Russia-Ukraine War Pushes for New Defense Calculations

March 24, 2022

Russia's invasion of Ukraine is compelling European countries to rethink their defense spending and security strategies.
UK Royal Marines attend the winter warfare training ahead of the Cold Response 2022, near Bardufoss, Norway on March 17, 2022. Photo by NATO, Pool via Anadolu Images

World military spending rose to almost $2 trillion in 2020, according to Stockholm International Peace Research Institute (SIPRI) report. The Russia-Ukraine war will prompt many countries to increase their annual defense spending. Against the backdrop of the ongoing war, it would be no surprise to expect an exponential rise in world defense payout in 2022.

Europe’s defense budget

Russia’s invasion of Ukraine is compelling European countries to rethink their defense spending and security strategies. Many European Union countries including Germany, Sweden, Belgium, Poland, Lithuania, Romania, Denmark, France, Latvia, and the Netherlands, have declared their intention to increase their annual defense expenditures.

German Chancellor Olaf Scholz announced that this year, Germany’s budget will allocate €100 billion to defense spending—more than double Germany’s total defense spending in 2021 (€47 million).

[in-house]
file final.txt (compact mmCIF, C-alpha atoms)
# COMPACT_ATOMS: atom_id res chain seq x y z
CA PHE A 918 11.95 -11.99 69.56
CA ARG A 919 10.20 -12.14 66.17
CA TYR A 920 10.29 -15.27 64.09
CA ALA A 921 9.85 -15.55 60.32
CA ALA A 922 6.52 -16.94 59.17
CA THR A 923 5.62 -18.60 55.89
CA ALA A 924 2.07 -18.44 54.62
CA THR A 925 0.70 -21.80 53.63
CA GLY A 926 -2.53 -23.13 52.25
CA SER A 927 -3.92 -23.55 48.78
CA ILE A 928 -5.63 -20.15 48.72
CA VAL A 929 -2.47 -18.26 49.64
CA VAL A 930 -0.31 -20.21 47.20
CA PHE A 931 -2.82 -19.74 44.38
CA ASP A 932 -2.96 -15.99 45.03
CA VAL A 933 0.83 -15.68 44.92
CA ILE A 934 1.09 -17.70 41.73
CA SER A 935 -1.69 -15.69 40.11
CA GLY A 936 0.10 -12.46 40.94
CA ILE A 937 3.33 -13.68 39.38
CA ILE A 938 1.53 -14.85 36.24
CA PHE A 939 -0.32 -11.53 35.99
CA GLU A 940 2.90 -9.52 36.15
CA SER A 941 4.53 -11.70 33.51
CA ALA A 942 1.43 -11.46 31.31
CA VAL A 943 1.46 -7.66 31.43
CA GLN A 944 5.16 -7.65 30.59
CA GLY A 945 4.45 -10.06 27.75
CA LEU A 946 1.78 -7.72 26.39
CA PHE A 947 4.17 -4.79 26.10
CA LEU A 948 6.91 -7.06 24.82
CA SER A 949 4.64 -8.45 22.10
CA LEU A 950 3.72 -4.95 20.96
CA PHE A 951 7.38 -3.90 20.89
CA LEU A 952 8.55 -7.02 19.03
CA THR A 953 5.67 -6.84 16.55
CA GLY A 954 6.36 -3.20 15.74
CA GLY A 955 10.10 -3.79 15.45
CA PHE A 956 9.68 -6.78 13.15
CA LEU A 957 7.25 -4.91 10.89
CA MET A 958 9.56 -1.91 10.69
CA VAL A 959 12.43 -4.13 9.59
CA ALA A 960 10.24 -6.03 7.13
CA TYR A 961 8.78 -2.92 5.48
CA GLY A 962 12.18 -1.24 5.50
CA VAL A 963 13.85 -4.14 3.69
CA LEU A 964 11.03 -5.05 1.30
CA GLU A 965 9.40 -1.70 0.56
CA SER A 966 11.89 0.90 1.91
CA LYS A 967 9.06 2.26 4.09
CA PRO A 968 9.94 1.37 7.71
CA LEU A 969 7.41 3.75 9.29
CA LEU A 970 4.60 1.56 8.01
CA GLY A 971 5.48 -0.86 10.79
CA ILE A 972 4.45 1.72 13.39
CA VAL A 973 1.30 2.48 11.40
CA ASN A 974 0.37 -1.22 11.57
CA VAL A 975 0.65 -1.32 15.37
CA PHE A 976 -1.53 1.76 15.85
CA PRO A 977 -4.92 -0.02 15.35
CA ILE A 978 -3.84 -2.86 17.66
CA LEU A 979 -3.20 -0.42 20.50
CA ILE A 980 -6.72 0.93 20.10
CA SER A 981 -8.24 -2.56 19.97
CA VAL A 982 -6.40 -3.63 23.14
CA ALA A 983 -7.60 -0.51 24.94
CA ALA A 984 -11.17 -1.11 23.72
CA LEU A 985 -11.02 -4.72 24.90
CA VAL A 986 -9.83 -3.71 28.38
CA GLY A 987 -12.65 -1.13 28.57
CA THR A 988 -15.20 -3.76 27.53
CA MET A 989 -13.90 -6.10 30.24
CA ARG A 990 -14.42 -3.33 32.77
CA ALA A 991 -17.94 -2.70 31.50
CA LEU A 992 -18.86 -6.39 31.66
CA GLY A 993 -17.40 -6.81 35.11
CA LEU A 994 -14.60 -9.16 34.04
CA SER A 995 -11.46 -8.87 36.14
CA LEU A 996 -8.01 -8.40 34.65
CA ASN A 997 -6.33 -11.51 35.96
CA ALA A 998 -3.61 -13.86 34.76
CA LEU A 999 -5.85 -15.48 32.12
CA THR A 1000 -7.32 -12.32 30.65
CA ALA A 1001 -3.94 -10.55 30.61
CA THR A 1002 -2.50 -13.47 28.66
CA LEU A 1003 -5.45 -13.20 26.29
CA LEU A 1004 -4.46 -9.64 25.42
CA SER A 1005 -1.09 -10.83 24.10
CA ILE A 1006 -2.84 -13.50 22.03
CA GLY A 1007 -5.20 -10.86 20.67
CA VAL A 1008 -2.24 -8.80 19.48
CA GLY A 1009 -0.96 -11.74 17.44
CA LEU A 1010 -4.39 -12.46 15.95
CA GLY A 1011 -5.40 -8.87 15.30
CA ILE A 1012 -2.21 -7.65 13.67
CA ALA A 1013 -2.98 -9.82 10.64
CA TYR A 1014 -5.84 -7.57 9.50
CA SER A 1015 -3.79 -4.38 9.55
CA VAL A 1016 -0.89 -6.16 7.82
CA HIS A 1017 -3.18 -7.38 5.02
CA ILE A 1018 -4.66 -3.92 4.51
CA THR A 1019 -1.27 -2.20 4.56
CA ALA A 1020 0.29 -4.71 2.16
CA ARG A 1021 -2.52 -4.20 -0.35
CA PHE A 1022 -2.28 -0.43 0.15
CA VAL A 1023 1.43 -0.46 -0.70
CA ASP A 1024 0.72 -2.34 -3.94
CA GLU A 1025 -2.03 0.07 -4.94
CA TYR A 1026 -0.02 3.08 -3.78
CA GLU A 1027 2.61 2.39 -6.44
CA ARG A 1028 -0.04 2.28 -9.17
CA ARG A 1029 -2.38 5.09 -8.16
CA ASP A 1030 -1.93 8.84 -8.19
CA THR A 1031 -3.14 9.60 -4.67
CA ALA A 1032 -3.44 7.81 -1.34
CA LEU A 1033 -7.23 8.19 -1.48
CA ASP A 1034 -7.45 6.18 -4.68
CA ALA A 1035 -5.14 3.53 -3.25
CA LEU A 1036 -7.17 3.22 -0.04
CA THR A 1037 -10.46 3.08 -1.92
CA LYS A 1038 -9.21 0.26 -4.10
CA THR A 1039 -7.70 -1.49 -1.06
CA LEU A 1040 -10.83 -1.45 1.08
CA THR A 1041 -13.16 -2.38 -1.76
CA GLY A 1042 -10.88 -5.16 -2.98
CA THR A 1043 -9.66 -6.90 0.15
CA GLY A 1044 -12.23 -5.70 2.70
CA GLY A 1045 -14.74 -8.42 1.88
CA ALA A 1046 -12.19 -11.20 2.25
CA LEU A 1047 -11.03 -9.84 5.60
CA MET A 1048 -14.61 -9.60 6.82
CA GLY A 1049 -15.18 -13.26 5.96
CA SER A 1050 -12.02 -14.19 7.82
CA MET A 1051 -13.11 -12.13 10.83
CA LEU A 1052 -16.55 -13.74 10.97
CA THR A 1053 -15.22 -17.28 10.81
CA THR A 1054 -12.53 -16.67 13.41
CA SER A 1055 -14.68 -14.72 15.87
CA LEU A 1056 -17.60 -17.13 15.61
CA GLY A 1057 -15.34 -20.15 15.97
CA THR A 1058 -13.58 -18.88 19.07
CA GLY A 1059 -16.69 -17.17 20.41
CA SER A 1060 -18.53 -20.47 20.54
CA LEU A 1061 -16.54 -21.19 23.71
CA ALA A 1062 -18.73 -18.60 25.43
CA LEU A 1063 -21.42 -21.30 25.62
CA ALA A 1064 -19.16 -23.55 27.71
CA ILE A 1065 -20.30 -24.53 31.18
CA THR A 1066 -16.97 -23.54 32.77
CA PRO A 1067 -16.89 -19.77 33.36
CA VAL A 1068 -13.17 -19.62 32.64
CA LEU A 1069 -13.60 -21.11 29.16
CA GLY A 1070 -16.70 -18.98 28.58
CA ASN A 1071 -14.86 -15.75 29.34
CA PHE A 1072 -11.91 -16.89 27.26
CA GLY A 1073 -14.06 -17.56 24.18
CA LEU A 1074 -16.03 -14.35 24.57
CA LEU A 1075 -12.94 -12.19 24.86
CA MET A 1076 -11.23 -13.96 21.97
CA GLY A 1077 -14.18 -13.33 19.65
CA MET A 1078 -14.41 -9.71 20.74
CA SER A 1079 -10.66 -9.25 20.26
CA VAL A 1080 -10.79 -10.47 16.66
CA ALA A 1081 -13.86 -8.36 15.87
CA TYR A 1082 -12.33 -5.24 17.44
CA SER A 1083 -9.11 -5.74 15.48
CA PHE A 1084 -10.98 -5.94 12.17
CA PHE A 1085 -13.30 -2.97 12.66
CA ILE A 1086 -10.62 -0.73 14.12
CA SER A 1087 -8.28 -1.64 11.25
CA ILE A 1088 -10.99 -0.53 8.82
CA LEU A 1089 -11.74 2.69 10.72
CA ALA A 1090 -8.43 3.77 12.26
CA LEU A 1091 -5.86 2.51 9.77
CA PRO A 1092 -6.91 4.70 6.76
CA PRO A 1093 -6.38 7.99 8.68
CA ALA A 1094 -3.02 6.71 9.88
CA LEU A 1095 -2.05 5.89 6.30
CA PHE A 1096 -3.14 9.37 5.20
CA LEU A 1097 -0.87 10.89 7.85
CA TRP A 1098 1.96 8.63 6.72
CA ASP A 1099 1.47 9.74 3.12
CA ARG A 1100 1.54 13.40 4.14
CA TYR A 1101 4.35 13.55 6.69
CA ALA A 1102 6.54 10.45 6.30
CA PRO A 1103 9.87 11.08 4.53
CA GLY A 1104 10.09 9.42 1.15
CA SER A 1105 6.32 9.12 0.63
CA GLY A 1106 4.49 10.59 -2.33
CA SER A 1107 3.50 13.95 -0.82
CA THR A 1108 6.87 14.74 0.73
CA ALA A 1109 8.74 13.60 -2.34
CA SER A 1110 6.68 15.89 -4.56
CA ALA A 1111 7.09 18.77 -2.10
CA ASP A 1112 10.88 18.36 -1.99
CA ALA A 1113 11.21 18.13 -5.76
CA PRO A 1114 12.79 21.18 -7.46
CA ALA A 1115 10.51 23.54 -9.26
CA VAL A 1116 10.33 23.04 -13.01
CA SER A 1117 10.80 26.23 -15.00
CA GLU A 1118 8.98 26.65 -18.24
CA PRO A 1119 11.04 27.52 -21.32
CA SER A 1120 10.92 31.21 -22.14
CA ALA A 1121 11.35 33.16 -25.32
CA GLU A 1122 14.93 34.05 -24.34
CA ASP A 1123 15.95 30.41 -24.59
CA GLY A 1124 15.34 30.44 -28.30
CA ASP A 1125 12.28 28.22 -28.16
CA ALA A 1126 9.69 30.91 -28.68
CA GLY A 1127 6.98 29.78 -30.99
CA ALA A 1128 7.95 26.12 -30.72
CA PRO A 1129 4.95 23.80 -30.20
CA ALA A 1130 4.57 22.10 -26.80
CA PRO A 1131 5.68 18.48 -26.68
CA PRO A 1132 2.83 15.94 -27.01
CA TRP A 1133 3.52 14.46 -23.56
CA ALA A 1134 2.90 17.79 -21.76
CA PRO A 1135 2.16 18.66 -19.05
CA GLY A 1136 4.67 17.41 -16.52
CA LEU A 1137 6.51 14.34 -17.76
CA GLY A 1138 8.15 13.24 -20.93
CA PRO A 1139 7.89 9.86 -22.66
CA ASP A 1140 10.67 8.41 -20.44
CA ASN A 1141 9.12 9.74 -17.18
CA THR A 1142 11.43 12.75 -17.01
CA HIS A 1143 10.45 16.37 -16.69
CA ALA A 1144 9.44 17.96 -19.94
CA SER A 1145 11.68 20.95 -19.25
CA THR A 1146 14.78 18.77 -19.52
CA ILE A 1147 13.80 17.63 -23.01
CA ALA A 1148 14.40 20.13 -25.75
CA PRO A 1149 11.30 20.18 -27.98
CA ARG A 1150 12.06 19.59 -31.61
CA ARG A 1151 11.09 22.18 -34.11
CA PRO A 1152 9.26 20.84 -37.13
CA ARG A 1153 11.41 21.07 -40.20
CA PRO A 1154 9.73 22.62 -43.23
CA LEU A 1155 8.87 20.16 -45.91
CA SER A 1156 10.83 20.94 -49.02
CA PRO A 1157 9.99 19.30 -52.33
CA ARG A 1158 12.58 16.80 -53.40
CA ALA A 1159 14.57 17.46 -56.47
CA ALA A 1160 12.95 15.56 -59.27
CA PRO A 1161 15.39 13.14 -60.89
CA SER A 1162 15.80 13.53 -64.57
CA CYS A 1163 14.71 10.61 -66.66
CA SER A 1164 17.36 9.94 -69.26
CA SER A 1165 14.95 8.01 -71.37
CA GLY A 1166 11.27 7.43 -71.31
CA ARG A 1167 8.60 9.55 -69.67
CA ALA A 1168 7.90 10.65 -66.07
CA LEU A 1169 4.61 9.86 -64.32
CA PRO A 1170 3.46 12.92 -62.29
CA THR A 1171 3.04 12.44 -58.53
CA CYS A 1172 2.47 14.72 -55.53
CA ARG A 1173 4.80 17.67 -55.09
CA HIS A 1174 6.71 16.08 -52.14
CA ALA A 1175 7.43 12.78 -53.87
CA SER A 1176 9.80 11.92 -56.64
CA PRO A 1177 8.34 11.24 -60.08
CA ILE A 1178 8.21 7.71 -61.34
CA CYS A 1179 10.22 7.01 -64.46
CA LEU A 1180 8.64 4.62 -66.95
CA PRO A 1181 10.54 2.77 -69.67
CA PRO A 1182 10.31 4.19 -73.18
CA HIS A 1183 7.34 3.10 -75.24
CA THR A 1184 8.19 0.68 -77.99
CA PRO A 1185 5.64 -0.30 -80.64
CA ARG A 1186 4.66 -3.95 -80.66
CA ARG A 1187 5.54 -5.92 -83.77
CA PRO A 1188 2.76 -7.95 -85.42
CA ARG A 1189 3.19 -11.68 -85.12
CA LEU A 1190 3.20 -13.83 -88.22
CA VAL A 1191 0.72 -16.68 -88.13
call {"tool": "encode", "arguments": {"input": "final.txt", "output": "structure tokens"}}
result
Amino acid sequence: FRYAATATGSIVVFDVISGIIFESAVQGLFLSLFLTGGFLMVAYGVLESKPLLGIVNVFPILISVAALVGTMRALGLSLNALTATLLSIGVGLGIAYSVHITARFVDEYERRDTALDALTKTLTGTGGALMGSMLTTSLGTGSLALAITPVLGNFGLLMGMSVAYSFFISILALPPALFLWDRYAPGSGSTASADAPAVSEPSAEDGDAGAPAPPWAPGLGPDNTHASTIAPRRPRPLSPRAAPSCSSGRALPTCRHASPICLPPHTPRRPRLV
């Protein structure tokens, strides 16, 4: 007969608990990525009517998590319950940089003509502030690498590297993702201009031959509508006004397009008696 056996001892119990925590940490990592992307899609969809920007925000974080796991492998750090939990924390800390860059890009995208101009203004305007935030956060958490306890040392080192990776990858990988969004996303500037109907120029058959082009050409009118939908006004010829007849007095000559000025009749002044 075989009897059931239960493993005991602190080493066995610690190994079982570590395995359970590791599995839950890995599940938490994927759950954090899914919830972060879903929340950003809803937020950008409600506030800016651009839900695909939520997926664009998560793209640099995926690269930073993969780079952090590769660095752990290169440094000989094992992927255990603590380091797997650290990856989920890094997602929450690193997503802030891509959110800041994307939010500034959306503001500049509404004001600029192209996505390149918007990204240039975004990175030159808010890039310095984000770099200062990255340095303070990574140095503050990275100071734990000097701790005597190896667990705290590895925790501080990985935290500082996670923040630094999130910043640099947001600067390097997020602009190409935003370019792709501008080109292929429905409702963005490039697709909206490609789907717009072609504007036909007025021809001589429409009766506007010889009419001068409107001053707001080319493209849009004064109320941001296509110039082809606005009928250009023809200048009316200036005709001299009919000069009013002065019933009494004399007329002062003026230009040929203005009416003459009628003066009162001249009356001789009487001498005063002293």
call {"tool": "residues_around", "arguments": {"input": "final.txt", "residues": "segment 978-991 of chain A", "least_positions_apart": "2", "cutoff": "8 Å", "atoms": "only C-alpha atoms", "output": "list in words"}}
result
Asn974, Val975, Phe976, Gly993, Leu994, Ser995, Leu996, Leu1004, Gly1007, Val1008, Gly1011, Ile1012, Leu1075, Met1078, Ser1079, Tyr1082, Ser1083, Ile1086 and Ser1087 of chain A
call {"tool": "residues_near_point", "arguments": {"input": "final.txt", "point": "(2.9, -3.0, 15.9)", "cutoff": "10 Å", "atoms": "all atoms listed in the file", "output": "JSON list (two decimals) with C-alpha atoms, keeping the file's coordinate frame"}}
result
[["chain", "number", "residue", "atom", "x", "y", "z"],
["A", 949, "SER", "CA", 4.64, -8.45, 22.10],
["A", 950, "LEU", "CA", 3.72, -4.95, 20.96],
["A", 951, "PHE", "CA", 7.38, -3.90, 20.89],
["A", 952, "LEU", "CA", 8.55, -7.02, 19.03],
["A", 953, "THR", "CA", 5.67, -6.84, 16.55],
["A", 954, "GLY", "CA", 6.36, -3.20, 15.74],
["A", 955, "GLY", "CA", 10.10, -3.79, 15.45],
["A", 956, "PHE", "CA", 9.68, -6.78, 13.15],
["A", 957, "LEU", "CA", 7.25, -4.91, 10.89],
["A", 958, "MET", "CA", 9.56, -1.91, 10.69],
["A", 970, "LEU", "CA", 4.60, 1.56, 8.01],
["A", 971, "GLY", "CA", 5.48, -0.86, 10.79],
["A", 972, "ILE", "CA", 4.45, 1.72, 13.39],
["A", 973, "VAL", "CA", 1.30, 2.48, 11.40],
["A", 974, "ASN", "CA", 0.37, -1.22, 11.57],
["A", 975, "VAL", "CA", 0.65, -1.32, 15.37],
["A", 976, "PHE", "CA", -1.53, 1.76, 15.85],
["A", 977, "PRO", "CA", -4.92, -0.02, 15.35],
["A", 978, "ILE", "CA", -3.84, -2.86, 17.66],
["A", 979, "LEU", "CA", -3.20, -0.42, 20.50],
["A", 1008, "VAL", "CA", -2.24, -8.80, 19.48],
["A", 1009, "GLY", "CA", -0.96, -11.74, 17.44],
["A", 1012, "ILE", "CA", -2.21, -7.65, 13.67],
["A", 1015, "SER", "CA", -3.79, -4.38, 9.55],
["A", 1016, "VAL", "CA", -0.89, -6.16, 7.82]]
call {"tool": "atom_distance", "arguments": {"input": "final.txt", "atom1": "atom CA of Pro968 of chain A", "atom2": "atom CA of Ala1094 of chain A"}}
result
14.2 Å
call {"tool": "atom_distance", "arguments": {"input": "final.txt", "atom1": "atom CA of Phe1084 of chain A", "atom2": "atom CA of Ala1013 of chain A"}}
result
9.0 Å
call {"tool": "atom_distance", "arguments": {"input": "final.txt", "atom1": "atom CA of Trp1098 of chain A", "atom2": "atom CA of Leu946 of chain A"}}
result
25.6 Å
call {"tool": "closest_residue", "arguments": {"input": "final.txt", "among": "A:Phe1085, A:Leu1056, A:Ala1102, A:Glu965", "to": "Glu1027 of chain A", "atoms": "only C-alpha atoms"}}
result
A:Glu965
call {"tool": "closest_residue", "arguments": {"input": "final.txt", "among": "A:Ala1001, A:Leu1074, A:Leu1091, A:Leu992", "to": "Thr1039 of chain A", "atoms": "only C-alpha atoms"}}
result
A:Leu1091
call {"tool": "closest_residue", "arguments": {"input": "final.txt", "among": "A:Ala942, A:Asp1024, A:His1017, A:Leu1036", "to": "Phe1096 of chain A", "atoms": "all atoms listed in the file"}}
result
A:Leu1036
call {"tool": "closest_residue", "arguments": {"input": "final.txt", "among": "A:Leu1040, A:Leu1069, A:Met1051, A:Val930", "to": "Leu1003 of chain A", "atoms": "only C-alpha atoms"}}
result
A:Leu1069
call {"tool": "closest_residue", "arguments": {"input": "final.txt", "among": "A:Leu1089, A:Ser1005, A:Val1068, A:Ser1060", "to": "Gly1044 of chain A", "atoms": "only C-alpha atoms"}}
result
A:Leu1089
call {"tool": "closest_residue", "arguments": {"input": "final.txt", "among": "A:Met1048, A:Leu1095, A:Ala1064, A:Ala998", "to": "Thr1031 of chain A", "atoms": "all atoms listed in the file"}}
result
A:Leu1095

During a special session of the Bundestag, Scholz further emphasized the importance of “more security to protect freedom and democracy in Germany.” However, it is interesting to note that for many years, Germany has resisted the pressure from the U.S. and other countries to raise its defense spending to 2% of the GDP, which is the guideline and expected target for all NATO members. The recent increase in defense spending manifests a major shift in Germany’s pacifist doctrine.


In Sweden, the security threat created by Russia led the Swedish government to announce a significant boost in their military spending to 2% of the GDP. Sweden used to spend almost 4% of its GDP on its defense budget during the Cold War era. After the disintegration of the USSR and the subsequent end of the Cold War, Sweden’s defense budget was drastically reduced to about 1%.

The recent defense budgets enlargements in Europe are taken in response to the deteriorating security situation in Ukraine. Swedish Prime Minister, Magdalena Andersson, said in a news conference, “Today, we present a new initiative with a clear message to the Swedish people and to the world around us. Sweden’s defense capability must be greatly strengthened.”


Eyebrows are raised in Brussels as well. Belgium’s defense minister, Ludivine Dedonder, has recently called for more funding of Belgium’s armed forces. This is said to be done in addition to the €10 billion that the federal government decided to invest in Belgium’s military forces in the coming years.

Like Sweden and Germany, Belgium also falls far short of NATO’s target. Considering the escalating conflict between Russia and Ukraine, in the coming days, Belgium is expected to announce an increase of its defense budget as well.


Poland, which has followed NATO’s 2% defense spending guideline, has also decided to raise the spending on its armed forces more than planned as the emerging security threat leads Poland to reconfigure its plans.